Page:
Florida Republicans Push Restrictive Immigration Policies

(ESPAÑOL) Florida Republican lawmakers are pushing more restrictive immigration policies, possibly encouraged by the president’s own reforms. The lawmakers are currently backing bills that target undocumented immigrants and some refugees by denying in-state tuition, forcing local governments to assist immigration authorities (as a pushback to sanctuary practices) and requiring employers to make sure they only hire legal residents.

Trump has signed sweeping executive orders that seek to achieve many of the same policies state lawmakers are pushing. His policies punish local governments known as sanctuary cities that don’t comply with federal immigration officials and ban refugees from six countries with high Muslim populations.

The bills have been introduced before and turned down, but lawmakers are currently encouraged by Trump’s victory in Florida and hopefully a more conservative leaning from the other lawmakers and voters in general.

Immigration advocates say two of the seven bills they’re watching most closely this session were first filed after Trump began his presidential campaign in June 2015. One of these bills has a House companion for the first time.

The seven immigration bills offered this year would upgrade penalties for violent crimes committed by undocumented immigrants; strip five years of state funding for local governments that don’t comply with federal immigration authorities and fine them up to $5,000 a day; make re-entry into the United States by undocumented immigrants a third-degree felony; repeal previous legislation supported by Gov. Rick Scott that gave in-state tuition to children of undocumented immigrants; increase background checks on refugees; end the state’s participation in a refugee resettlement program; and require employers to make sure employees are documented.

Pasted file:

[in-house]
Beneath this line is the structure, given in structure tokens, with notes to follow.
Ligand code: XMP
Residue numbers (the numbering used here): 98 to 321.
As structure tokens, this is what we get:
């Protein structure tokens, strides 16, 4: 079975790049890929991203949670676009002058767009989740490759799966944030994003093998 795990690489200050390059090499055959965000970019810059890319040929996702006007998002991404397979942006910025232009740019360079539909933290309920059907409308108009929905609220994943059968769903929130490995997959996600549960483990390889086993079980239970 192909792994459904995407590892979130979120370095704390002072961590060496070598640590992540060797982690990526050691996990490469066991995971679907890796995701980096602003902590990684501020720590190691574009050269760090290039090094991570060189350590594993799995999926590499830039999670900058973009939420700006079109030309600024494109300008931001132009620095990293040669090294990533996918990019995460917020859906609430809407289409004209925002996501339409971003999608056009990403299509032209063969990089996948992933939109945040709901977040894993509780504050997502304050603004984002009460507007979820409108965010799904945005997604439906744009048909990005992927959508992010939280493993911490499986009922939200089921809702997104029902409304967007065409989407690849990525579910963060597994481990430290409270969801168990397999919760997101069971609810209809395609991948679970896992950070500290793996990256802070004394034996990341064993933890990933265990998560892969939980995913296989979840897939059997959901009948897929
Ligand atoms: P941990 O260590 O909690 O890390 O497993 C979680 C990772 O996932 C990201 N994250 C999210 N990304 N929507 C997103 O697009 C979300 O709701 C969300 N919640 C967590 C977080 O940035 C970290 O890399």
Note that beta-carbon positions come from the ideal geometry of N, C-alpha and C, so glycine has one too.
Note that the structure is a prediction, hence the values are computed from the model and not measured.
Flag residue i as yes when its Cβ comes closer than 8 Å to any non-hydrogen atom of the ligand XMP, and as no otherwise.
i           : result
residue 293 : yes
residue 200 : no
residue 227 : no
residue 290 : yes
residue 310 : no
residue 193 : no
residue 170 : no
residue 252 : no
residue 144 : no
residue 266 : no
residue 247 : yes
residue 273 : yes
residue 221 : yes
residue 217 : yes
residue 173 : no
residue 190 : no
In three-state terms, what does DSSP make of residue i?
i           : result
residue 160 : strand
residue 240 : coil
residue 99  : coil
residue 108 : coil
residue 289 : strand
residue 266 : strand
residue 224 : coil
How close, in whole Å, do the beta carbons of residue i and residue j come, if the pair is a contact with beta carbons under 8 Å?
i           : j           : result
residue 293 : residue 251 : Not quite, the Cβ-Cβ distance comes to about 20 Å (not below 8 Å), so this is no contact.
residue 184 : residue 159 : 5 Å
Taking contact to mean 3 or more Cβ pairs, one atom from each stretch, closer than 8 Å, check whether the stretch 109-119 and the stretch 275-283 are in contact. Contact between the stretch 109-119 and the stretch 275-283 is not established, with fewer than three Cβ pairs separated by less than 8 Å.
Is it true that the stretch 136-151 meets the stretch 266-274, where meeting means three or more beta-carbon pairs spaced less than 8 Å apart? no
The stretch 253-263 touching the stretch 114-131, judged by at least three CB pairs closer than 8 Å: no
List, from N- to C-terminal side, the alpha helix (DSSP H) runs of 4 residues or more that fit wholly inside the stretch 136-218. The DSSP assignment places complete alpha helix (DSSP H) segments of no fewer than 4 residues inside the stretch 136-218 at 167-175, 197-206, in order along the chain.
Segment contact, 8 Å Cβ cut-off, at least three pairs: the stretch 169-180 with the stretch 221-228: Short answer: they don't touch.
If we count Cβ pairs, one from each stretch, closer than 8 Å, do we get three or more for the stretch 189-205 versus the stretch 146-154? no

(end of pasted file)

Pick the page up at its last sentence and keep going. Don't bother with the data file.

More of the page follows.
Despite more widespread support in the House by several lawmakers, these hardline bills have usually died on the Senate floor, such as the 2011 Arizona-style immigration bill.

Meanwhile, immigration advocates are stiffly opposing the proposals.  “This bill ultimately can’t be enforced without legalizing racial profiling,” said Francesca Menes, a Democrat and the policy director for the Florida Immigrant Coalition, during a House criminal justice subcommittee last week before the bill passed. “Because how do you know (the immigrants) are actually undocumented without targeting particular communities that are the most vulnerable?”